Conventional wisdom tells us this: if we acquire more resources, we can do more and achieve more. Correspondingly, if we have less, we can do less and achieve less. It’s as if there’s a direct 1-2-1 causal relationship between resource and ability. The language we use in organisations often reinforces this view. We grow and shrink our ‘human resources’ according to the number and size of jobs that need to be done, tasks that need to be performed. It’s a linear logic. And it’s wrong.
Let’s flip this around a bit. A charity plans to run a leadership development programme but loses the funding to do it. It lost the resource so lost the programme, right? No, it explored alternative ideas and found a commercial organisation that was willing to run a high quality programme for it pro bono. It satisfied the charity’s need for a programme and the commercial organisation’s desire to support ethical work in the community. A great outcome for both parties. A win-win solution.
So what made the difference? Was it a shift in resources - or a shift in thinking? Here’s the thing: ‘How else might we do this?’ invites lateral thinking, creative ideas and innovative approaches. It takes us away from acquiring more resources and towards becoming more resource-ful. It moved this charity away from, ‘How can we get more money to support our work?’ towards, ‘Who shares similar passions and interests?’ and, ‘What might be possible to achieve our mutual goals?’
This is, of course, the domain of agile thinking. As environments become increasingly volatile, uncertain, complex and ambiguous (VUCA), we need to think ever more creatively, adaptively and resourcefully. This implies a fundamental paradigm shift away from human resources and towards resource-ful humans. It means shifting our attention beyond solving the immediate issue to developing critical thinking, creative ideation and reflective practice. How do you do it?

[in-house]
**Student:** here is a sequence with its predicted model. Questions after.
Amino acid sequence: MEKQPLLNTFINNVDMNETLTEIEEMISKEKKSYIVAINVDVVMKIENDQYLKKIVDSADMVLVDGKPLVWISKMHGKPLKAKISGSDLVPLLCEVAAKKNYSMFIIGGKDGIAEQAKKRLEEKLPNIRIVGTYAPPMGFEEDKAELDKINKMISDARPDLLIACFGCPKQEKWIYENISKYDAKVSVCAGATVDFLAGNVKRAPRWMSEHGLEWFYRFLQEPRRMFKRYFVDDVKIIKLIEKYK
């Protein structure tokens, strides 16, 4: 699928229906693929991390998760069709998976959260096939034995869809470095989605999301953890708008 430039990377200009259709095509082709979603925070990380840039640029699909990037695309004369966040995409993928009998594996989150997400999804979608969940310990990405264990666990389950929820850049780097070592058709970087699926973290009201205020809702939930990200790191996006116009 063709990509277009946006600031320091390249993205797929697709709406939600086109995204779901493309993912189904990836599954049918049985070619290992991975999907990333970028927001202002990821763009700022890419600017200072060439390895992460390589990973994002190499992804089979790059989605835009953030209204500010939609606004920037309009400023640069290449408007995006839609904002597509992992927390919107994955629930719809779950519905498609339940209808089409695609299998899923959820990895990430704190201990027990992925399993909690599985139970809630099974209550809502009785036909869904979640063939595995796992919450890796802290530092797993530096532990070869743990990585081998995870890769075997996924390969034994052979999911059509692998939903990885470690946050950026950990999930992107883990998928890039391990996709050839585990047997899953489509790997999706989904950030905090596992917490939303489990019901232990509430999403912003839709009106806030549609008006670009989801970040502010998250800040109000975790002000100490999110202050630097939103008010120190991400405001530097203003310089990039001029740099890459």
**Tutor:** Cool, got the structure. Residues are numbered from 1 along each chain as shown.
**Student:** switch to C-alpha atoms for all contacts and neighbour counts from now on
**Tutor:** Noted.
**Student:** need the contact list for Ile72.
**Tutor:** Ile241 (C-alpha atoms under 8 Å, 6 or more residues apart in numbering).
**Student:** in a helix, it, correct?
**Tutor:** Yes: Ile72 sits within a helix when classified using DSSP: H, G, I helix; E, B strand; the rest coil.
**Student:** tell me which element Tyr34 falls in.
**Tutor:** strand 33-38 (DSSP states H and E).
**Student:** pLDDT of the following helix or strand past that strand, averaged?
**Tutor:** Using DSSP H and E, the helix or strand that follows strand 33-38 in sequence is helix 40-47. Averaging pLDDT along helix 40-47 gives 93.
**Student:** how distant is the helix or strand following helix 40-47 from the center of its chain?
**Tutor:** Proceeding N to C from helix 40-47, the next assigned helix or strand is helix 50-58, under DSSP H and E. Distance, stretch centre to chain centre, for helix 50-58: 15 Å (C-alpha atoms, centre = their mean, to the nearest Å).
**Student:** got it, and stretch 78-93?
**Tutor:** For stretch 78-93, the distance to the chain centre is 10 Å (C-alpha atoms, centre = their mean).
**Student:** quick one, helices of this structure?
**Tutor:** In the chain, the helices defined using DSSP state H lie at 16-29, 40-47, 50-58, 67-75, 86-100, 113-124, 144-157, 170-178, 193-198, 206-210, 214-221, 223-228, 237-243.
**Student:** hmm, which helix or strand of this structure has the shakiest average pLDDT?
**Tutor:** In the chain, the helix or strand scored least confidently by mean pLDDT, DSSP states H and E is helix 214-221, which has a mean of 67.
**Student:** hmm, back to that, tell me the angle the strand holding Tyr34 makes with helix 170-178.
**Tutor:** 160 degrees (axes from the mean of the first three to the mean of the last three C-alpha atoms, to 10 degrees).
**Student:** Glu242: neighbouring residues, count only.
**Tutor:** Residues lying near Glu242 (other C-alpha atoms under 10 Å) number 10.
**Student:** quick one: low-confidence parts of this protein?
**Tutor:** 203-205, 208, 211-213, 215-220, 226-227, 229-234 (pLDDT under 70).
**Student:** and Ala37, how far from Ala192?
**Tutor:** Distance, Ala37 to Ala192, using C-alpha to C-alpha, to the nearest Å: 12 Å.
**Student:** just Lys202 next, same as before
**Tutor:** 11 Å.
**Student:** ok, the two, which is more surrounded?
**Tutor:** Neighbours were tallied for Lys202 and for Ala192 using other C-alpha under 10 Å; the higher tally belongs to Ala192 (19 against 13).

This is a place where Gestalt and Social Constructionism meet. ‘Ge-what and what?’ Already confused? You could well be. I’ll have a go at explaining it. I discovered these words whilst studying organisational and coaching psychology. They arise out of a background, a field of research, experience and practice where psychology and philosophy dance together to create meaning. They have become words that I love, carrying all kinds of exciting insights, ideas and potential.
Yet my point is that they only hold meaning, evoke a response, against a backdrop. My experience and understanding could be very different to yours and that will influence what we each notice, what sense we make of it and how we feel when we encounter it. So, for instance, if you are feeling irritated now by my use of academic-sounding language, your focus is likely to be on me, on my words, rather than on the personal background and experiences that influence your reaction.
Gestalt describes this phenomenon as ‘Figure’ – for argument’s sake, the thing we notice, that is holding our attention, in the moment, and ‘Ground’ – the background to the ‘Figure’ that we are not noticing. Similarly, Social Constructionism proposes that it’s the hidden subconscious backdrop of our beliefs, values, interests, experiences etc. that create meaning and make sense of that which we notice and focus on. And, for most of the time – the background is completely invisible to us.
So here are some ideas: You’re leading a team and people get stuck, fixated on an issue. Why is it so important to them? Check out the invisible backdrop as a way of resolving it. You’re facilitating an organisation through change and things start to feel derailed. Surface underlying cultural constructs and assumptions to enable a shift. You’re coaching a client who presents an issue, a relationship, as if it exists in a vacuum. Explore the invisible context, the ‘what else’, to create a solution.